The legal principle behind these practices was made explicit by two Staffordshire JPs. In a 1640 decision concerning a Poor Law matter they concluded that practices which ran counter to an Act of Parliament, even an Act passed as recently as 1601, are legal if these practices are begun and continued by the consent and agreement of the interested parties. Staffordshire Record Office, QS files, Easter 1640, cited in S.C. Newton, ‘Staffordshire Quarter Sessions: Archives and Procedures in the Earlier Seventeenth-Century’, Essays in Staffordshire History, ed. M. W. Greenslade (Collections for a History of Staffordshire, 4th ser., 6, 1970), p. 80.Google Scholar
  31. 17.
    M. Fissell, ‘Everyone Their Own Physician’, ch. 2, in Fissell, Patients, Power, and the Poor in Eighteenth-Century Bristol (Cambridge: Cambridge University Press, 1991), pp. 16–36.Google Scholar
  32. For more, see V. Hutton, ‘Humoralism’, W. F. Bynum and R. Porter, eds, Companion Encyclopedia of the History of Medicine, vol. I (London: Routledge, 1993), pp. 281–91;Google Scholar
  33. A. Wear, ‘Making Sense of Health and the Environment in Early Modern England’, A. Wear, ed., Medicine and Society (Cambridge: Cambridge University Press, 1992), pp. 119–47;CrossRefGoogle Scholar
  34. G. K. Paster, The Body Embarrassed (Ithaca, NY: Cornell University Press, 1993), ‘Introduction’.Google Scholar
  35. 24.
    G. L. Hudson, ‘Ex-servicemen, War Widows and the English County Pension Scheme, 1593–1679’ (DPhil thesis, Oxford University, 1995), chs. 3 and 5.Google Scholar
  36. 25.
    Example: Michael Oliver, The Politics of Disablement (London: Macmillan, 1990).CrossRefGoogle Scholar
  37. 26.
    L. Gray, ‘The Self-perception of Chronic Physical Incapacity among the Labouring Poor, Pauper Narratives and Territorial Hospitals in Early Modern Rural Germany’ (PhD thesis, University College London, 2001); ‘Petitioning for Survival: Medical Care and Welfare Provision in Early Modern German Hospitals’, Medicina & storia: rivista de storia della medicina e della santia Anno 3, no. 6 (2003).Google Scholar
  38. 30.
    For a detailed discussion of social agency and the disabled veteran, see G. L. Hudson, ‘Ex-servicemen, War Widows’, ch. 3. For more detail on the development of the county pension system, see G. L. Hudson, ‘Disabled Veterans and the State in Early Modern England’, in D. Gerber, ed., Disabled Veterans in History (Ann Arbor, MI: University of Michigan Press, 2000).Google Scholar
  39. 31.
    G. L. Hudson, ‘Negotiating for Blood Money: War Widows and the Courts in Seventeenth-century England’, in G. Walker and J. Kermode, eds, Women, Crime and the Courts in Early Modem England (London: University College London Press, 1995).Google Scholar
  40. 36.
    R. Cooter, ‘The Disabled Body’, in R. Cooter and J. Pickstone, Companion to Medicine in the Twentieth Century (London: Routledge, 2003; first pub. 2000), p. 370.Google Scholar
  41. 39.
    J. Pringle, Observations on the Diseases of the Army (London, 1753). The inflammatory diseases were contrasted with the contagious diseases such as fever, smallpox and measles.Google Scholar
  42. 40.
    M. Fissell, ‘The Disappearance of the Patient’s Narrative and the Invention of Hospital Medicine’, in R. French and A. Wear, British Medicine in an Age of Reform (London: Routledge, 1991).Google Scholar
  43. 41.
    Ole Peter Grell, ‘War, Medicine and the Military Revolution’, in P. Elmer, ed., The Healing Arts: Health, Disease and Society in Europe, 1500–1800 (Manchester: Manchester University Press, 2004), pp. 257–83.Google Scholar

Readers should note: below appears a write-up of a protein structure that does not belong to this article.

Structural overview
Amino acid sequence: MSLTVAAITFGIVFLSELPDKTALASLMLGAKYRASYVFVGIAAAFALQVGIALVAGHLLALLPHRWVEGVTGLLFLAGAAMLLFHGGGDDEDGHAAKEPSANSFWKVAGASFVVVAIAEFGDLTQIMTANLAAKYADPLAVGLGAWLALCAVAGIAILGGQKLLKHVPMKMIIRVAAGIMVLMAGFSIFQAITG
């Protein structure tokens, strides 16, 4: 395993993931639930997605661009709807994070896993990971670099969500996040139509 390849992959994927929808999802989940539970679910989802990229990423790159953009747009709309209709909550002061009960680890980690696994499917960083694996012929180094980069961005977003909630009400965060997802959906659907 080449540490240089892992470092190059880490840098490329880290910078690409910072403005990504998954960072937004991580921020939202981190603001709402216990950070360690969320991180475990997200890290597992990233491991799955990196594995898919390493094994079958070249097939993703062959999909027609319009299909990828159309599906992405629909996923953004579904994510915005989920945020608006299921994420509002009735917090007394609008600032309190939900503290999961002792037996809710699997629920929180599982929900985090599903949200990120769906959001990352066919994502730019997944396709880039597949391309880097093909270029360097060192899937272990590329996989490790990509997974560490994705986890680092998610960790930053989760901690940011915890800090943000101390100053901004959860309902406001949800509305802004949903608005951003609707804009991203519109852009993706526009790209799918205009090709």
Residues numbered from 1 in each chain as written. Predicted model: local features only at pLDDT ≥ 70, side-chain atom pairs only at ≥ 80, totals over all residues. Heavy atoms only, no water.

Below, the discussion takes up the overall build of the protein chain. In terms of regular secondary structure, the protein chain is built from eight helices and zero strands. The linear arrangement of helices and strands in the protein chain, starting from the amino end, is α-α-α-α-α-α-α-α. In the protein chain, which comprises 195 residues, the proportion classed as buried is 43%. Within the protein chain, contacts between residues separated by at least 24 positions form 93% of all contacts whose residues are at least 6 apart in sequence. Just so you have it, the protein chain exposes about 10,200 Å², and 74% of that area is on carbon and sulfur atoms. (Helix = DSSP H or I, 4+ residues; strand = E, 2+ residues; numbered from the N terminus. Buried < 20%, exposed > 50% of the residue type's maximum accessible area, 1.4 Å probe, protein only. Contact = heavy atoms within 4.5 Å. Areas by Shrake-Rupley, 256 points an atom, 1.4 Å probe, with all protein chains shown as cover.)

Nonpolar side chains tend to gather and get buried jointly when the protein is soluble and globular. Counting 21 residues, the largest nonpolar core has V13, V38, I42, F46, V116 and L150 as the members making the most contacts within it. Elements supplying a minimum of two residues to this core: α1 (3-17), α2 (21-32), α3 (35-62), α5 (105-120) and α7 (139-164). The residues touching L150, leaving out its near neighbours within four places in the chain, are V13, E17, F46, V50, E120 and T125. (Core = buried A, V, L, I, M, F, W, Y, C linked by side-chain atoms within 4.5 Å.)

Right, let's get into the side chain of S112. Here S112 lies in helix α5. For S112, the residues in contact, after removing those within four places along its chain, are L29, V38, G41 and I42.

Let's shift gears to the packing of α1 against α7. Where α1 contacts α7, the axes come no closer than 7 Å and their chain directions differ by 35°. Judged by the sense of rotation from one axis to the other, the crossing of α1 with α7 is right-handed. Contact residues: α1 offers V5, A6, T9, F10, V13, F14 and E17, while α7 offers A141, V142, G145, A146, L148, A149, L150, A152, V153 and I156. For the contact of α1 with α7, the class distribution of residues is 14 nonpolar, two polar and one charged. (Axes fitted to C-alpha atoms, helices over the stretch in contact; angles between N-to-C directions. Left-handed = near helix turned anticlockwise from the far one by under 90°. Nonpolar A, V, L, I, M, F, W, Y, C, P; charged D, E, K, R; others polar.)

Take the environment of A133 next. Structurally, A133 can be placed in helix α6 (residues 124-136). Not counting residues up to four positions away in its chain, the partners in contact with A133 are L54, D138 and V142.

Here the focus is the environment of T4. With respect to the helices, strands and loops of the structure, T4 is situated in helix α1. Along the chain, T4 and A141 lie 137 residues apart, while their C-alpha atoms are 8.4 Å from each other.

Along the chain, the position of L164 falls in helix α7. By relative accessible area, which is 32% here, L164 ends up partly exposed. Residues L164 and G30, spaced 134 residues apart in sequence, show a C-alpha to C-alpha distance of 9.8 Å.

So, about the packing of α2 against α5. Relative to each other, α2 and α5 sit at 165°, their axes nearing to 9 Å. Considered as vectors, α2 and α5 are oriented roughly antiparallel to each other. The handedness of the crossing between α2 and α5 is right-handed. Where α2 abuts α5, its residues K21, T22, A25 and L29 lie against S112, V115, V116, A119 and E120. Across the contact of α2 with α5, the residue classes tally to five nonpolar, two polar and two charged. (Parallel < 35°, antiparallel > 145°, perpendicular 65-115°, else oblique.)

44. See also L. Brockliss and C. Jones, The Medical World of Early Modern France (Oxford: Clarendon Press, 1997);Google Scholar
  45. G. Hudson, ed., British Naval and Military Medicine, 1600–1800 (Amsterdam: Rodopi, 2007).Google Scholar
  46. 42.
    G. Gask, ‘A Contribution to the History of the Care of the Sick and Wounded during Marlborough’s March to the Danube in 1704, and at the Battle of Blenheim’, in G. Gask, Essays in the History of Medicine (London: Butterworth, 1950), pp. 103–15;Google Scholar
  47. P. Mills, ‘War, Medicine and the British Army in the Eighteenth Century: Reconstruction of a Hospital System’, unpublished paper delivered at the Wellcome Centre for the History of Medicine at UCL, 30 November 1999, 3.Google Scholar
  48. 43.
    M. J. Vogel, ‘The Transformation of the American Hospital’, in N. Finzsch and R. Jutte, Institutions of Confinement: Hospitals, Asylums and Prisons in Western Europe and North America, 1500–1950 (Cambridge: Cambridge University Press, 1996), pp. 39–54.Google Scholar
  49. 44.
    G. B. Risse, Mending Bodies, Saving Souls: A History of Hospitals (Oxford: Oxford University Press, 1999), p. 242.Google Scholar
  50. 45.
    H. Cook, ‘Practical Medicine and the British Armed Forces after the “Glorious Revolution”’, Medical History 34 (1990): 1–26, 16.CrossRefGoogle Scholar
  51. See also P. Mathias, ‘Swords and Ploughshares: The Armed Forces, Medicine and Public Health in the Late Eighteenth Century’, in J. M. Winder, ed., War and Economic Development: Essays in Memory of David Joslin (Cambridge: Cambridge University Press, 1975).Google Scholar
  52. 53.
    The Proceedings of the Old Bailey Ref: t17450116–5; T. Hitchcock and J. Black, Chelsea Settlement and Bastardy Examinations, 1733–1766 (London: London Record Society, 1999), vol. 33, p. 20.Google Scholar
  53. 62.
    I. Archer, Pursuit of Stability (Cambridge: Cambridge University Press, 1991), pp. 98–9, 260.CrossRefGoogle Scholar
  54. 63.
    Selections from the Prison Notebooks of Antonio Gramsci, ed. Q. Hoareand G. N. Smith (New York: International Publishers, 1971), esp. ‘The Study of Philosophy’; E. P. Thompson, Customs in Common (London: Merlin Press, 1991), pp. 7, 10–11, 38, 44–6, 66, 74, 85, 300–2, 339;Google Scholar
  55. B. Sharp, ‘Popular Protest in Seventeenth-Century England’, B. Reay, ed., Popular Culture in Seventeenth-Century England (London: Routledge, 1988, lst pub. 1985), pp. 271–308, 287–9, 303.Google Scholar

Copyright information

© Geoffrey L. Hudson 2007

Authors and Affiliations

  • Geoffrey L. Hudson

There are no affiliations available

Personalised recommendations